Learn how to spot the signs and symptoms of hay fever in dogs
It’s a common question for pet owners, particularly in the warmer months. And the simple answer is, yes, dogs can get hay fever.
The same environmental allergens that trigger hay fever in humans can affect our pooches, too. It’s thought that up to 10% of dogs suffer from symptoms compared to around 20% of people.
However, the symptoms can be a little different for dogs. For us, itchy eyes, a runny nose and sneezing are telltale signs.
But, skin irritation is the most obvious sign that your dog might have a pollen allergy – particularly if it worsens after they’ve been out for a walk.
Here’s how to recognise if your dog could have hay fever, as well as some of the things you can do to help them cope during the hay fever season.
If you notice your pooch scratching, rubbing or biting their skin more often – especially in spring and summer – they could be suffering from irritated skin due to an environmental allergy in a similar way we suffer from hay fever.
This may well worsen after they’ve been for a walk when pollen from the air and grass sticks to their fur.
Red or flaky areas of skin can be another sign. Your pooch will likely spend more time licking or scratching these areas, so you may also spot patches of missing fur.
Often, areas that come into direct contact with grasses and plants – like their paws and noses – can be a particular problem.
While it’s not the most common symptom, a runny nose – often accompanied by red, itchy or watery eyes – is another possible sign that your dog may have hay fever.
Just like us, dogs can also be prone to sneezing when they’re feeling the effects of a pollen allergy. You might spot your pooch rubbing their nose with their paws or on the floor.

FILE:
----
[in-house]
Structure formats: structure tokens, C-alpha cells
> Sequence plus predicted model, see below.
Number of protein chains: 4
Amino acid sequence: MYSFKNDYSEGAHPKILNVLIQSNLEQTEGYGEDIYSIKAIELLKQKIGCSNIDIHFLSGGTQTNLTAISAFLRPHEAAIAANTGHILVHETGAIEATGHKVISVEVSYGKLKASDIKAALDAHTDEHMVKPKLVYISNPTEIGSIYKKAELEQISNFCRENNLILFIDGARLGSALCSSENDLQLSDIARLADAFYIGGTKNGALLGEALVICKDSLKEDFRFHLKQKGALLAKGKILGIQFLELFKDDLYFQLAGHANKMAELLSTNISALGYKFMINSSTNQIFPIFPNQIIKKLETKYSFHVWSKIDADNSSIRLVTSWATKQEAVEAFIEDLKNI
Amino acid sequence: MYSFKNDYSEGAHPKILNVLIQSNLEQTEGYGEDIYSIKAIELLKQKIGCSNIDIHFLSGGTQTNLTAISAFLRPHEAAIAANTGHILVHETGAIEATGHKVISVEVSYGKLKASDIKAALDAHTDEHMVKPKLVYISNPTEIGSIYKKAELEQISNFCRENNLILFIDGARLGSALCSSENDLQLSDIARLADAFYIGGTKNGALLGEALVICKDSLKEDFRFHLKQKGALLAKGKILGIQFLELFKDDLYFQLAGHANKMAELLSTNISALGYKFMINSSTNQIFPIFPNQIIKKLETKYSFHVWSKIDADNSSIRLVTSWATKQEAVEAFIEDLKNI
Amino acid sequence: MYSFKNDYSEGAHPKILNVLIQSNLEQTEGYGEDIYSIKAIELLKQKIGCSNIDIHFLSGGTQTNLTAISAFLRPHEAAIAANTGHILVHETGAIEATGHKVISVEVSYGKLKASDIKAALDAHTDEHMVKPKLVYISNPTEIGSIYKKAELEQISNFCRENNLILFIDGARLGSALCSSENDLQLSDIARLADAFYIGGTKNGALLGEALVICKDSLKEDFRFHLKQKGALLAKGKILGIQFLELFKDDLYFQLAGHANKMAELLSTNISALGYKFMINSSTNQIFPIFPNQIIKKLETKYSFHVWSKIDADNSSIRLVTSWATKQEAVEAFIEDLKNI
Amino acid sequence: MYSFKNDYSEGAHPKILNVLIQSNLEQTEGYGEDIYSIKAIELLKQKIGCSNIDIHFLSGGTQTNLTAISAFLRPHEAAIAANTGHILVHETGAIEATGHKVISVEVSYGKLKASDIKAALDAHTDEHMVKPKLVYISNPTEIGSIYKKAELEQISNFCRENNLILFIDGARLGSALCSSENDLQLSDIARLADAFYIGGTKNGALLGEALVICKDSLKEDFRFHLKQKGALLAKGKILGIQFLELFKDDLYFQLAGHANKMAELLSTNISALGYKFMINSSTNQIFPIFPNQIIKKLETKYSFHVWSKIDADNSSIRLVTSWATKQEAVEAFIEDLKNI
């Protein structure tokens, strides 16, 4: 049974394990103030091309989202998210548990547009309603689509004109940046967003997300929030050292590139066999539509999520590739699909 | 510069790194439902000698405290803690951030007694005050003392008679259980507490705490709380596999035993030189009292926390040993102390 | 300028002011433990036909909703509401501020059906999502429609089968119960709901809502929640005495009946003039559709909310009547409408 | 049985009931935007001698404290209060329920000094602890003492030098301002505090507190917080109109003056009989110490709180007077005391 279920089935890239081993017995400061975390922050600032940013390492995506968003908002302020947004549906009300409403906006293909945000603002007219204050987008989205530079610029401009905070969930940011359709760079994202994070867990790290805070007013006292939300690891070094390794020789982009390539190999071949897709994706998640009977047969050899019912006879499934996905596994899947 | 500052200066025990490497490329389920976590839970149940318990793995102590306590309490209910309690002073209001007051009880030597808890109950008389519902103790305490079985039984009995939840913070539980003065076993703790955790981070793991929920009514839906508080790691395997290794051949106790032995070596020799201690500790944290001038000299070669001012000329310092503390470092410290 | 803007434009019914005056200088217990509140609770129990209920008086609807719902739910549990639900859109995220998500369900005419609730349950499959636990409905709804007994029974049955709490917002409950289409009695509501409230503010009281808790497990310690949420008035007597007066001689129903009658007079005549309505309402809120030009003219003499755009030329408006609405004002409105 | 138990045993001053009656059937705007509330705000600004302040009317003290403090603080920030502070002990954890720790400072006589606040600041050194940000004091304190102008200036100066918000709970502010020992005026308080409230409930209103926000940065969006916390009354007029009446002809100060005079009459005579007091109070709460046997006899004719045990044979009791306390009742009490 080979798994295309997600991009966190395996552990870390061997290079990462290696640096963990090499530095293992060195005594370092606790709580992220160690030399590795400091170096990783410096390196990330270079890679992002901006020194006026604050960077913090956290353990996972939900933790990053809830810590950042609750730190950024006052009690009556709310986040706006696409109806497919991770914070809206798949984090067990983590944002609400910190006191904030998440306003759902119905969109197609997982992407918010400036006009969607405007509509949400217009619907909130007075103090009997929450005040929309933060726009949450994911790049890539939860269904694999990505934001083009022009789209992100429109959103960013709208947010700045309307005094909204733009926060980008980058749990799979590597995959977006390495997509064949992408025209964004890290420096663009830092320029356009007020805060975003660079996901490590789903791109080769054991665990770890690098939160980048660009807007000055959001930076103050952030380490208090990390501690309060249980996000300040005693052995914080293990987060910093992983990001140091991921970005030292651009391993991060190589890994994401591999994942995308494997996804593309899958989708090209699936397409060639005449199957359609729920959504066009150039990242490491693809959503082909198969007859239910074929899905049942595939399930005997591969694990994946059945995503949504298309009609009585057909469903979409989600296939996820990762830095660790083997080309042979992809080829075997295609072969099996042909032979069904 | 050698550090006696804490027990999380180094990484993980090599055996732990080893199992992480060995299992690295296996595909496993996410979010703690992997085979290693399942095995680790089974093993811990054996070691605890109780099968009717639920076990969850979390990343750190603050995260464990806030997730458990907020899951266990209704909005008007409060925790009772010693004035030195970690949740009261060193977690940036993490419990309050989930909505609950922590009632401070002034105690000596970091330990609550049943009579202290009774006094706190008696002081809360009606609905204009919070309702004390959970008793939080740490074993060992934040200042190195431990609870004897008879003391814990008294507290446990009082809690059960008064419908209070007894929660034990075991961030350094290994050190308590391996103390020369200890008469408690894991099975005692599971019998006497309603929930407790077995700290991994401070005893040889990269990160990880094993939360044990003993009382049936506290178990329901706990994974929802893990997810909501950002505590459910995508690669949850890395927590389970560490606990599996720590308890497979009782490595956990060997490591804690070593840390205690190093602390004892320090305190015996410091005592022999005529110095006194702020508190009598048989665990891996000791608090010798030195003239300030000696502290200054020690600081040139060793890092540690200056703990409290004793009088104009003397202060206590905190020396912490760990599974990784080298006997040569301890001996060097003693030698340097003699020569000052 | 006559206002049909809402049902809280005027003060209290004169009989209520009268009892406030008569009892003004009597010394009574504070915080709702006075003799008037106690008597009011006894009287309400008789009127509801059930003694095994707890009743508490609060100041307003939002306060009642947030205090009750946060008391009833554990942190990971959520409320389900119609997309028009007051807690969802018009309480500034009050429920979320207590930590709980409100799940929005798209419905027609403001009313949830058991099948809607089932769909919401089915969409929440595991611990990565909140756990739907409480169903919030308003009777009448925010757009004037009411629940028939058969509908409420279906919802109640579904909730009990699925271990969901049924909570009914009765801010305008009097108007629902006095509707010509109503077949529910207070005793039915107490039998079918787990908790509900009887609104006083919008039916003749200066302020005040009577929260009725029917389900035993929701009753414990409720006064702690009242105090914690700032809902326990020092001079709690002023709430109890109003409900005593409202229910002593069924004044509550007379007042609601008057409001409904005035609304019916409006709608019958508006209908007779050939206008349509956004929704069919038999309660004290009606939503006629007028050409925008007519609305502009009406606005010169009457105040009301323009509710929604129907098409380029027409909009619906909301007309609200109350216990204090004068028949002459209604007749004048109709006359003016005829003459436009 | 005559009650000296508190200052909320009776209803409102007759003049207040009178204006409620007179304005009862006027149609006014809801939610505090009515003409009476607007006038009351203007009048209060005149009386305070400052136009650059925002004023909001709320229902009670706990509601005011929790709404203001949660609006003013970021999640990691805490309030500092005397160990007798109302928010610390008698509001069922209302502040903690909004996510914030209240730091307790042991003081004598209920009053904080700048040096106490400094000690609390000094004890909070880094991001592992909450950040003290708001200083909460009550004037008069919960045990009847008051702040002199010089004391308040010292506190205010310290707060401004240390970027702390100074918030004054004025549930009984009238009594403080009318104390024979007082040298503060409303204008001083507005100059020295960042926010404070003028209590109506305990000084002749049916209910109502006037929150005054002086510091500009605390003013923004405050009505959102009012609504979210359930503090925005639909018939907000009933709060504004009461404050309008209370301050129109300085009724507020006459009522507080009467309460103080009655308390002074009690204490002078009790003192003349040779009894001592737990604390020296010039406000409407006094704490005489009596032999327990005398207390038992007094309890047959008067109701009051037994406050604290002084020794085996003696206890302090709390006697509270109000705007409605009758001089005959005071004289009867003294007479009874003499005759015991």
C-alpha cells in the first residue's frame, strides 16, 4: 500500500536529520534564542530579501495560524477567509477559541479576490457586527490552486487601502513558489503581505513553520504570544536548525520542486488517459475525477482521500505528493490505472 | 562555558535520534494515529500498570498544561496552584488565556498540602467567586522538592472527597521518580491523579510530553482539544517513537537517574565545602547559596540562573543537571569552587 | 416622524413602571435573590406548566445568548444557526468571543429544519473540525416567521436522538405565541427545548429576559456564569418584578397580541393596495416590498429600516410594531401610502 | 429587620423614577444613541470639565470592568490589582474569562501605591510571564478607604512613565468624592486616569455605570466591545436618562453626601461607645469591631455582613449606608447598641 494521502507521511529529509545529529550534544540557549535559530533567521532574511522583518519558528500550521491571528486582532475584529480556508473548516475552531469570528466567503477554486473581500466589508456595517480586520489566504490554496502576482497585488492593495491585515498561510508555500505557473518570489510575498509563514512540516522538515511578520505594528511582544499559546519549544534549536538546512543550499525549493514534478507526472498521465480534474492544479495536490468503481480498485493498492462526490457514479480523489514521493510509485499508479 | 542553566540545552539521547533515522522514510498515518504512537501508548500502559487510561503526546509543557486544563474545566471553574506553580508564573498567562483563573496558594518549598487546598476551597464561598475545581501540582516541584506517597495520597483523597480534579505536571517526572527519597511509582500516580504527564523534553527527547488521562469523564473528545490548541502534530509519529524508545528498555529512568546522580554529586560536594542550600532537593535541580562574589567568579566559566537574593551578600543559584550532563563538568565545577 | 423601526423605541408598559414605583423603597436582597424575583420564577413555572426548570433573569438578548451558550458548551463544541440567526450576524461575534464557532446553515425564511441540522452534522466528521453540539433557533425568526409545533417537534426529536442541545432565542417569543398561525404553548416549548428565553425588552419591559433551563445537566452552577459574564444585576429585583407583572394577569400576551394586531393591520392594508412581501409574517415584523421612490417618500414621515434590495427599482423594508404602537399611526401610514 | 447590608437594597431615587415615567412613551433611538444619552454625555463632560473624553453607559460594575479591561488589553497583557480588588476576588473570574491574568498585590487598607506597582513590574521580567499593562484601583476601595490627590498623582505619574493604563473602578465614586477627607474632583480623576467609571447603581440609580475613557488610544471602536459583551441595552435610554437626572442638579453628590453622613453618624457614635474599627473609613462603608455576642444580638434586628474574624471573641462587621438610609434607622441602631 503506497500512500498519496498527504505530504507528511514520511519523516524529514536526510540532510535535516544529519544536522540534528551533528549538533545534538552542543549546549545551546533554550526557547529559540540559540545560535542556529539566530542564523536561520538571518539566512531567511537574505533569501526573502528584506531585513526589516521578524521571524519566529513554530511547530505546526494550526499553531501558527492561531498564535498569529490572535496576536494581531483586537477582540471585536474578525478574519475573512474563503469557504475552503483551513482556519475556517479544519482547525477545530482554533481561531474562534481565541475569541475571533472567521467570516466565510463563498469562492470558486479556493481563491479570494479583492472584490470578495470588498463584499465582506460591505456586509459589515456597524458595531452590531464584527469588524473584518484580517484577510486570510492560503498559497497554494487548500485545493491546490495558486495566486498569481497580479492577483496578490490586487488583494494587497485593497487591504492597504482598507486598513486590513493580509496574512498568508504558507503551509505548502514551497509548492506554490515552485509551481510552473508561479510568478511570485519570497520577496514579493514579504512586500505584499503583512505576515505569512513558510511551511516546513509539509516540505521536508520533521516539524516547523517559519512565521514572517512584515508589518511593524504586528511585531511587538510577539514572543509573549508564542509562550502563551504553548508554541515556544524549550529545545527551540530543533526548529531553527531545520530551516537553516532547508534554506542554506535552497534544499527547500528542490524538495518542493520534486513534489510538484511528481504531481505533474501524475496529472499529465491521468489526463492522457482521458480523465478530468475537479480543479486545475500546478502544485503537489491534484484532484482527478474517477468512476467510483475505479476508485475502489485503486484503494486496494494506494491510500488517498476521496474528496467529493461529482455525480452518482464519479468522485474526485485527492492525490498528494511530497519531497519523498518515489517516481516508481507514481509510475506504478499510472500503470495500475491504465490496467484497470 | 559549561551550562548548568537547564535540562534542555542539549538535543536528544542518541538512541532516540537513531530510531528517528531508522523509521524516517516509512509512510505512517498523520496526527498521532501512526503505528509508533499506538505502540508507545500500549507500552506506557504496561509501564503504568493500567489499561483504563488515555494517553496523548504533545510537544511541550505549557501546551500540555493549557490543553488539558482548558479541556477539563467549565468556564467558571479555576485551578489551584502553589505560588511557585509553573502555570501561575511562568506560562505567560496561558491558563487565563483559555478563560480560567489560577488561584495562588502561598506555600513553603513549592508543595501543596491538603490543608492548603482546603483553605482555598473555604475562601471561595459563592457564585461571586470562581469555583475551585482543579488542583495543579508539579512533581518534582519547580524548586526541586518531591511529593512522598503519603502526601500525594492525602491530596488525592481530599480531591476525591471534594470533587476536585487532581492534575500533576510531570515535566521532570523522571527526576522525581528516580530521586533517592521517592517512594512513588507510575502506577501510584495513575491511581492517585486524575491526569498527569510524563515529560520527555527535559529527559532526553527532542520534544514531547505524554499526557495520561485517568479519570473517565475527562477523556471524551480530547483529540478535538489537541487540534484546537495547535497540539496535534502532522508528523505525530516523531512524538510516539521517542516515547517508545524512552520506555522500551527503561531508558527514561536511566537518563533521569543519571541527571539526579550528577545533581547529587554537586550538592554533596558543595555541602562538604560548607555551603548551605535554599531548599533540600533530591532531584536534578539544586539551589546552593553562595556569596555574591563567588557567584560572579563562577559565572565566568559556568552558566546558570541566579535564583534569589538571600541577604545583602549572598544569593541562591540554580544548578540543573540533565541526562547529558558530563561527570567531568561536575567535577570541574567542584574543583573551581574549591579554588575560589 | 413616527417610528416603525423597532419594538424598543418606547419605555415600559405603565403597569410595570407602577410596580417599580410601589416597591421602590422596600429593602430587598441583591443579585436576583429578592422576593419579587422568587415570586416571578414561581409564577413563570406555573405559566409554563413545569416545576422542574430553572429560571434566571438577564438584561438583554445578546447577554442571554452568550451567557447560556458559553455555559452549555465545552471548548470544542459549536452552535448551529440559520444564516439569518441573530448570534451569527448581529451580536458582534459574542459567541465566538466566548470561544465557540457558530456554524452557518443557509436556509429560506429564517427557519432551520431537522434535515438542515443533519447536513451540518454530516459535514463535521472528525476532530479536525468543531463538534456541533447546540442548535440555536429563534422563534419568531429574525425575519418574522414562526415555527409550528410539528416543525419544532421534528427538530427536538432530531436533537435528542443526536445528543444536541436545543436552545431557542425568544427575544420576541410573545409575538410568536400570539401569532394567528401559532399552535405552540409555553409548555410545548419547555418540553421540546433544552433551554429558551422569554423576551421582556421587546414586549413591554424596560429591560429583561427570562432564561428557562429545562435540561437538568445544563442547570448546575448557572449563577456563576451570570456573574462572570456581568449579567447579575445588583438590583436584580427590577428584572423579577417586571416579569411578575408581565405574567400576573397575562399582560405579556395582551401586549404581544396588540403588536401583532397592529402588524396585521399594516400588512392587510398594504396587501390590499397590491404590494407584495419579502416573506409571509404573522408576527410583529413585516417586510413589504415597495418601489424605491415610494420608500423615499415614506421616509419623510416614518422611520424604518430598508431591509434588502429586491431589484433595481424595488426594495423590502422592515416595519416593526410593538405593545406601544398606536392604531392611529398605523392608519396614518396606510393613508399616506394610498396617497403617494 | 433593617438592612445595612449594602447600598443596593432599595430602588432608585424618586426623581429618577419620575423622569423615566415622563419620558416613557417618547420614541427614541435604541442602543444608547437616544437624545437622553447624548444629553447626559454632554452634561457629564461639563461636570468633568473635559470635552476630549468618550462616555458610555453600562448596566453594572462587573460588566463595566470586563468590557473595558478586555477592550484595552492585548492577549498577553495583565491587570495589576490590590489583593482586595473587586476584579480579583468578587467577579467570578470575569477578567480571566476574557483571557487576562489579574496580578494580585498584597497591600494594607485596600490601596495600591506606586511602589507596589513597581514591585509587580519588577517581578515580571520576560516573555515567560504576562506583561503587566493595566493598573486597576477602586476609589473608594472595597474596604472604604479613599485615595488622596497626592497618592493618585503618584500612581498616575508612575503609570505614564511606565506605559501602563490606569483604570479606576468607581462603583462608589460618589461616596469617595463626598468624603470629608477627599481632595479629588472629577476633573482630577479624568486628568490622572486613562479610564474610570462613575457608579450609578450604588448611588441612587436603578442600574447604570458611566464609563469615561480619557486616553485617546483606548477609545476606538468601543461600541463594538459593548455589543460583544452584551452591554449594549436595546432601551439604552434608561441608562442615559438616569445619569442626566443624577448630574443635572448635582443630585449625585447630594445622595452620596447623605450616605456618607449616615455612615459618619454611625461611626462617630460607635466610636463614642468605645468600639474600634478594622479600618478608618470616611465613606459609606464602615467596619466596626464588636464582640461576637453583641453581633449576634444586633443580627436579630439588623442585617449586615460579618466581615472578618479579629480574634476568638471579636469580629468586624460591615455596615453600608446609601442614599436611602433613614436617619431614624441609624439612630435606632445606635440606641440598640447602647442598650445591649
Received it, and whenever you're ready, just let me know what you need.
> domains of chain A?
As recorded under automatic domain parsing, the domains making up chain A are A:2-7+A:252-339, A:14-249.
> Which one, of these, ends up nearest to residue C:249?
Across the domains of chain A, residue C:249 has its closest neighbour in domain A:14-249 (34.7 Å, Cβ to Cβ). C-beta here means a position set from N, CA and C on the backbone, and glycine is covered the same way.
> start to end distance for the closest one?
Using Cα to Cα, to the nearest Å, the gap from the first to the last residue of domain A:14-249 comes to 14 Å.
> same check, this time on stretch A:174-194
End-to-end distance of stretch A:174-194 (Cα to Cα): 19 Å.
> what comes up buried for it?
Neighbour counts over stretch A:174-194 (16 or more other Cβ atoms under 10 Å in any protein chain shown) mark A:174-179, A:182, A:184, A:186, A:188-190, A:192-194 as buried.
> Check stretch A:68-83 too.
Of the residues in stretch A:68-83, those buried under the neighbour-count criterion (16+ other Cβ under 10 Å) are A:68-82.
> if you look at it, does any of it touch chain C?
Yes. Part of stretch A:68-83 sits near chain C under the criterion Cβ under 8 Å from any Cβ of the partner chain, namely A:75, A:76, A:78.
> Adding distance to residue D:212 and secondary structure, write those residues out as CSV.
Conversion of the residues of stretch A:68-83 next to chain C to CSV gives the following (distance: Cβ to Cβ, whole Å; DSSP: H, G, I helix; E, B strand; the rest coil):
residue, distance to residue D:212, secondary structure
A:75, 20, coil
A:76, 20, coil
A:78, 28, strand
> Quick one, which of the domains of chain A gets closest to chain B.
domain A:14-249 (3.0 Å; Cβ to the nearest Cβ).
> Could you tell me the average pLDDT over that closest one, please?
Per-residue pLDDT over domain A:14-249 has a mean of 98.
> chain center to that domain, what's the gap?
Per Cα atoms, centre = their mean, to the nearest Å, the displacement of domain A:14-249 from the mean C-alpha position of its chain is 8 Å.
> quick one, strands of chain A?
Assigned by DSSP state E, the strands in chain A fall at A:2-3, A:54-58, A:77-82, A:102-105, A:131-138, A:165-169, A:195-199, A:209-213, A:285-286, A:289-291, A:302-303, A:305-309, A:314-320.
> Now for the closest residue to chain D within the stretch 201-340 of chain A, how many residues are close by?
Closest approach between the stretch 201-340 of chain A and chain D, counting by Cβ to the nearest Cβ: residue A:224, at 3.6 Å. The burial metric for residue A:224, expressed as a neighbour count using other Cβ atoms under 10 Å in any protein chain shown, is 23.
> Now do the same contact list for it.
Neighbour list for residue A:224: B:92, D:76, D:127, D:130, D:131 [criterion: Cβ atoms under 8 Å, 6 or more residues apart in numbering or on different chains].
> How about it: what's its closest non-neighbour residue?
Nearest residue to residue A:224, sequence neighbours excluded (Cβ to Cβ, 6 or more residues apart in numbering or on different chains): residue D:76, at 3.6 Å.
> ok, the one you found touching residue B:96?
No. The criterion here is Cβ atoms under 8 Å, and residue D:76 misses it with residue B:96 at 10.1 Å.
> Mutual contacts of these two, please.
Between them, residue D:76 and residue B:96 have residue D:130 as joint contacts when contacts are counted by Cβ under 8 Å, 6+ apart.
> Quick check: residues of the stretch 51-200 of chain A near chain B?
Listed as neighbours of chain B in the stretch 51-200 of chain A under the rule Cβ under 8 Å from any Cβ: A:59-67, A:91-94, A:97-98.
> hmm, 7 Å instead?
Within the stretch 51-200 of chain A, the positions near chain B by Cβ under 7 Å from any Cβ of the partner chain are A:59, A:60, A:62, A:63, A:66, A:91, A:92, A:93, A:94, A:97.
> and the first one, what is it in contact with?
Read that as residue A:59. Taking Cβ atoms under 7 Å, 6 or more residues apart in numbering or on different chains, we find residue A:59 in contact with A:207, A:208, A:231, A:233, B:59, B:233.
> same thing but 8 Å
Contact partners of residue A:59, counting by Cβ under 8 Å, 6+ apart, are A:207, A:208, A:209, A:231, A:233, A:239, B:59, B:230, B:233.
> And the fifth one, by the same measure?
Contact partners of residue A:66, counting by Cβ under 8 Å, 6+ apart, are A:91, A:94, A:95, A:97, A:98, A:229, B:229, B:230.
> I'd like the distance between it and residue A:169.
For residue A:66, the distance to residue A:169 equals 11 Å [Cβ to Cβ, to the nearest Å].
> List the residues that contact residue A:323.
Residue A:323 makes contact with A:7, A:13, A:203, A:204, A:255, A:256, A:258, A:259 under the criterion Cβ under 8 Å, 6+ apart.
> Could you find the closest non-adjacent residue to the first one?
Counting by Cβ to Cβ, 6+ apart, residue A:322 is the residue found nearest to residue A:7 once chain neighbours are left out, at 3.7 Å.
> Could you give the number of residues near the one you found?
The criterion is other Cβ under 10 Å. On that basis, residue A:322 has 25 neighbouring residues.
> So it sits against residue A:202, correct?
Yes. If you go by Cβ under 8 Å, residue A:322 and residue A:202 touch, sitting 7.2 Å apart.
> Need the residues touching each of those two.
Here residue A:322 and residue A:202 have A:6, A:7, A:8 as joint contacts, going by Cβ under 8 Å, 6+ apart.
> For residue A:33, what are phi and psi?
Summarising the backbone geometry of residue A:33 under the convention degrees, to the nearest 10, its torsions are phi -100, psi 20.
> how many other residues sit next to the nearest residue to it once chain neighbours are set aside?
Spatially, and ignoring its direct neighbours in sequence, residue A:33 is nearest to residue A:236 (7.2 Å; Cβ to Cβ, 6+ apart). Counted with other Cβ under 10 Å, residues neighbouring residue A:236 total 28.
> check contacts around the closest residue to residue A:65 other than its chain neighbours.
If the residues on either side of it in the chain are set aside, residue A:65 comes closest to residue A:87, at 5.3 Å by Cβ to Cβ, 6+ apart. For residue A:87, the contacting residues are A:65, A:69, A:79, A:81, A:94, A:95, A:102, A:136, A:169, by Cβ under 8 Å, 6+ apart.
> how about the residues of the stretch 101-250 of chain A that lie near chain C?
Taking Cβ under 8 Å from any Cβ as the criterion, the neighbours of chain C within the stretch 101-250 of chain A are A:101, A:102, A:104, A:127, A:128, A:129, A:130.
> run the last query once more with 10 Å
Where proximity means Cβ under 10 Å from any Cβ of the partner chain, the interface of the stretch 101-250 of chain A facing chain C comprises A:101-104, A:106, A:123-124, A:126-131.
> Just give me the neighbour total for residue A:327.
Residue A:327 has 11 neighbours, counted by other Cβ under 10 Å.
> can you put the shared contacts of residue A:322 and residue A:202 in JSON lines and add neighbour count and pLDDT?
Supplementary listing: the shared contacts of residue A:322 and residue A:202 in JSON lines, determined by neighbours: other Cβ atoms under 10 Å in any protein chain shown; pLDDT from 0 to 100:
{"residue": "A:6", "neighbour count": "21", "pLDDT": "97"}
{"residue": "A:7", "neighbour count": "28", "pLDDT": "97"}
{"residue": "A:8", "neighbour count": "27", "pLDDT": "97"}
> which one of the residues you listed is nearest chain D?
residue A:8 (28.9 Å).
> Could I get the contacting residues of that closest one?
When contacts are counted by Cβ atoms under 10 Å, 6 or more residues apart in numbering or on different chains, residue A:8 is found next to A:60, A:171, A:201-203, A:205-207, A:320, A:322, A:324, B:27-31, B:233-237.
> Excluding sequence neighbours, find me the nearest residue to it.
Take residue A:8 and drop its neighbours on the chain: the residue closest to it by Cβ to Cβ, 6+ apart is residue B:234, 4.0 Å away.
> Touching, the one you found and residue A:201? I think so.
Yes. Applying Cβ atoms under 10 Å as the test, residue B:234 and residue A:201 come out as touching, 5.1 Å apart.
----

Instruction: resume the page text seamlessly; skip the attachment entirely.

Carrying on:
Lethargy is another symptom of hay fever in dogs. If you notice they seem more sleepy than usual – along with any of the symptoms above – speak to your vet to determine the cause.
While these symptoms could indicate hay fever, they could also point to something else.
According to the NHS, hay fever in humans is usually worse between late March and September – and the same applies to dogs.
Symptoms can start as early as March depending on the specific pollen your dog is sensitive to. Tree pollen, for example, is at its highest from March to May, while grass pollen takes over until July.
Warm, humid and windy conditions can raise the pollen count higher.
Allergy testing is useful to work out which pollen your dog is sensitive to. It’s worth getting them tested if they’re really suffering and the above tips aren’t having any effect.
Your vet will be able to advise on things like costs and what they can be tested for.
Your vet can prescribe hay fever medication for your dog if they think it’s needed, as well as things like special shampoos and eye drops to ease symptoms.
Always speak to your vet about the best treatment and never be tempted to self-administer medicine at home.
Treatments designed for humans aren’t necessarily suitable for dogs and could end up making things worse.
To help keep your dog happy and healthy, you might want to consider a raw food diet – proven to reduce allergy symptoms. Try our personalised Natures Menu meal plans with high-quality raw ingredients to help keep your dog healthy and happy.